LONDON (Reuters) – Health workers should “get a proper reward” for their work in fighting a coronavirus pandemic, the head of England’s National Health Service said on Tuesday, increasing pressure on the government over what some call its “reprehensible” pay offer.
British Prime Minister Boris Johnson has been accused of failing to honour his promise to look after health workers fighting COVID-19 by proposing a 1% pay increase for NHS workers with some calling on the government to issue a one-off bonus.
Johnson, who himself was treated in hospital last year when he became severely ill with COVID-19, said on Sunday his government had tried “to give the NHS as much as we possibly can” but would wait to see the conclusion of a pay review.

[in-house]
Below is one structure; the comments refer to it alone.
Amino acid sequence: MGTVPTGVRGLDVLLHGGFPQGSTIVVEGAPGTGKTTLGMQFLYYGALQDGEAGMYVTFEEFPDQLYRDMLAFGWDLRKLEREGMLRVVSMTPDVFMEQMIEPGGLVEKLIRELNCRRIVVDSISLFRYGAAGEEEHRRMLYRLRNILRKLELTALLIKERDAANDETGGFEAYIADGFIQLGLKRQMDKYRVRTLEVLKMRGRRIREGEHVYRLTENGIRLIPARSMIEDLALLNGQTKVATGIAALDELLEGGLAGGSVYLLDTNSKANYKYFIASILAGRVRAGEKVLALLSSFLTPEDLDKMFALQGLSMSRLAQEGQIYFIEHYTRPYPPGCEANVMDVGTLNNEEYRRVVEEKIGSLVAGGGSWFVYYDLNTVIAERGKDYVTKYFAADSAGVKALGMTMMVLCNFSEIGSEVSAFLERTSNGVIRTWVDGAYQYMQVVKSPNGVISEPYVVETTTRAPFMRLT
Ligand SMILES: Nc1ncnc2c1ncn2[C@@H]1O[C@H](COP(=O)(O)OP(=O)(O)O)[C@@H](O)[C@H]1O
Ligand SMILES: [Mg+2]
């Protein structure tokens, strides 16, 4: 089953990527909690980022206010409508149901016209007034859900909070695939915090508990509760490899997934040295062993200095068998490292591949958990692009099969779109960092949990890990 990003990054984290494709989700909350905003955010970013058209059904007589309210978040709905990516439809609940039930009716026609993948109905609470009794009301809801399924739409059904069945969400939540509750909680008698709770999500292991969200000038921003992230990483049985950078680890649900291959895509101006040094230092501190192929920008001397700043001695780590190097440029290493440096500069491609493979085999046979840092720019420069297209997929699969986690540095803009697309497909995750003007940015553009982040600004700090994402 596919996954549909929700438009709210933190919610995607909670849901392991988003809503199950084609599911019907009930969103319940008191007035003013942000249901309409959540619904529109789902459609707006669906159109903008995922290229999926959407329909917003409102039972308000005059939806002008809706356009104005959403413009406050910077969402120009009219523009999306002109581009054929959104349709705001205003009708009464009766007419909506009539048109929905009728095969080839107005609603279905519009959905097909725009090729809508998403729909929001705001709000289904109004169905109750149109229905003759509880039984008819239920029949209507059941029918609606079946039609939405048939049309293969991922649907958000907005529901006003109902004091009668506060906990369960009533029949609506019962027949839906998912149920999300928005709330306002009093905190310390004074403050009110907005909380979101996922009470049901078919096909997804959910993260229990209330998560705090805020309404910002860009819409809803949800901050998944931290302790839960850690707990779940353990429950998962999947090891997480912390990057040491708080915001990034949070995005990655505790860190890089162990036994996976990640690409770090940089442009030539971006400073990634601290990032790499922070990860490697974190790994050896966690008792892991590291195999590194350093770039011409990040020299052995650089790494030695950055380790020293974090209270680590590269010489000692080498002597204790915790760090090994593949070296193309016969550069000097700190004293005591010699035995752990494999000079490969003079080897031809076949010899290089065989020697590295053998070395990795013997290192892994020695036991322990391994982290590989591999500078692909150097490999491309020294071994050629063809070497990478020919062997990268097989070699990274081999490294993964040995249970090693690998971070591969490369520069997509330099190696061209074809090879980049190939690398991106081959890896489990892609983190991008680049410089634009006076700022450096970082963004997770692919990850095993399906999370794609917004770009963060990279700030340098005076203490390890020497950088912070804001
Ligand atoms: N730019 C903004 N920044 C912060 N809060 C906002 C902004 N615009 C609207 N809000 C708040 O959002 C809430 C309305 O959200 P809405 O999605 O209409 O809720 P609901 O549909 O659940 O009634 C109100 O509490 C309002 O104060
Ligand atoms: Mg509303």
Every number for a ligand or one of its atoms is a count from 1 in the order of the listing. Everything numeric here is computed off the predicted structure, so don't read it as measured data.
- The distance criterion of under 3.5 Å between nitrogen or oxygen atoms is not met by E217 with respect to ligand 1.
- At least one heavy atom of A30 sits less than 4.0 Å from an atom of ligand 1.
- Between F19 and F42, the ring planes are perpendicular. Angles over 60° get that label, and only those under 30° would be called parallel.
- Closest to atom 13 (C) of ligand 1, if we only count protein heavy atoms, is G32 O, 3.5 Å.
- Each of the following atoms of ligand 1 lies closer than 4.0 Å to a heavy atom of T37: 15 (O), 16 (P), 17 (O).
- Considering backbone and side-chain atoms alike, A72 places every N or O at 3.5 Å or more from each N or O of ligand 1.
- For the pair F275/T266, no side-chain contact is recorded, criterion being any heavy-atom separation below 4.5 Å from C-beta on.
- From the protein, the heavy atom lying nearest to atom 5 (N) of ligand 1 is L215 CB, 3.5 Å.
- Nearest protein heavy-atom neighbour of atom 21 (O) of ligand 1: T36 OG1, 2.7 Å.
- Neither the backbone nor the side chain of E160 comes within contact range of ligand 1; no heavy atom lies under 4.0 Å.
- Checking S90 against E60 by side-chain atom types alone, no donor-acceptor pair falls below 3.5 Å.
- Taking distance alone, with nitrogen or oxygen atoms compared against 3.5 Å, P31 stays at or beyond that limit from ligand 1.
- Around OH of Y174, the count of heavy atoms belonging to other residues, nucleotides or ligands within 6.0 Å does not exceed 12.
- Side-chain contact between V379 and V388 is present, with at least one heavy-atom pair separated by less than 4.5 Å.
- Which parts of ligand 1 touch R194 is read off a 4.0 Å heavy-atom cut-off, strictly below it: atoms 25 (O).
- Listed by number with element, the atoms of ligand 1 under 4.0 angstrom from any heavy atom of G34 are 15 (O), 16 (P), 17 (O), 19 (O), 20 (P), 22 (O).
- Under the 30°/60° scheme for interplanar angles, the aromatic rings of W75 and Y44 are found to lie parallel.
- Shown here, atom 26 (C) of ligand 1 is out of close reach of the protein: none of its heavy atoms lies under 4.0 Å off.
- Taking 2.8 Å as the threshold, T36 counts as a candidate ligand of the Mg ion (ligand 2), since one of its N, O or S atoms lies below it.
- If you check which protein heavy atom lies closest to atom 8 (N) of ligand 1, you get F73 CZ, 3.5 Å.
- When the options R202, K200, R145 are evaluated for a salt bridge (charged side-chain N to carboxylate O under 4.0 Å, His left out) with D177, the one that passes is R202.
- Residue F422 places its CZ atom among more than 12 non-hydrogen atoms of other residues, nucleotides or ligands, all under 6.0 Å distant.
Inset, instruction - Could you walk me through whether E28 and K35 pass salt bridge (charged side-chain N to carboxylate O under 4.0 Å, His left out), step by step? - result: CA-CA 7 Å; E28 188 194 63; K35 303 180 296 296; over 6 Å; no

“I agree with you that coming out of the past year and everything that NHS staff have been through, proper recognition for that is entirely right,” Simon Stevens, head of NHS England, told a parliamentary committee.
He also said the long-term plan for the health service had budgeted for a pay increase of 2.1% this year, but he agreed with the government to wait to see the recommendation from an independent review body, due to be made to government in May.
Last week, Johnson’s government set out its plans to help the economy weather the COVID-19 crisis, with finance minister Rishi Sunak promising to do “whatever it takes to support the British people and businesses”.
But the proposed 1% pay increase for health workers has been branded as “reprehensible” by the main opposition Labour Party, and one nursing trade union has threatened strike action over it.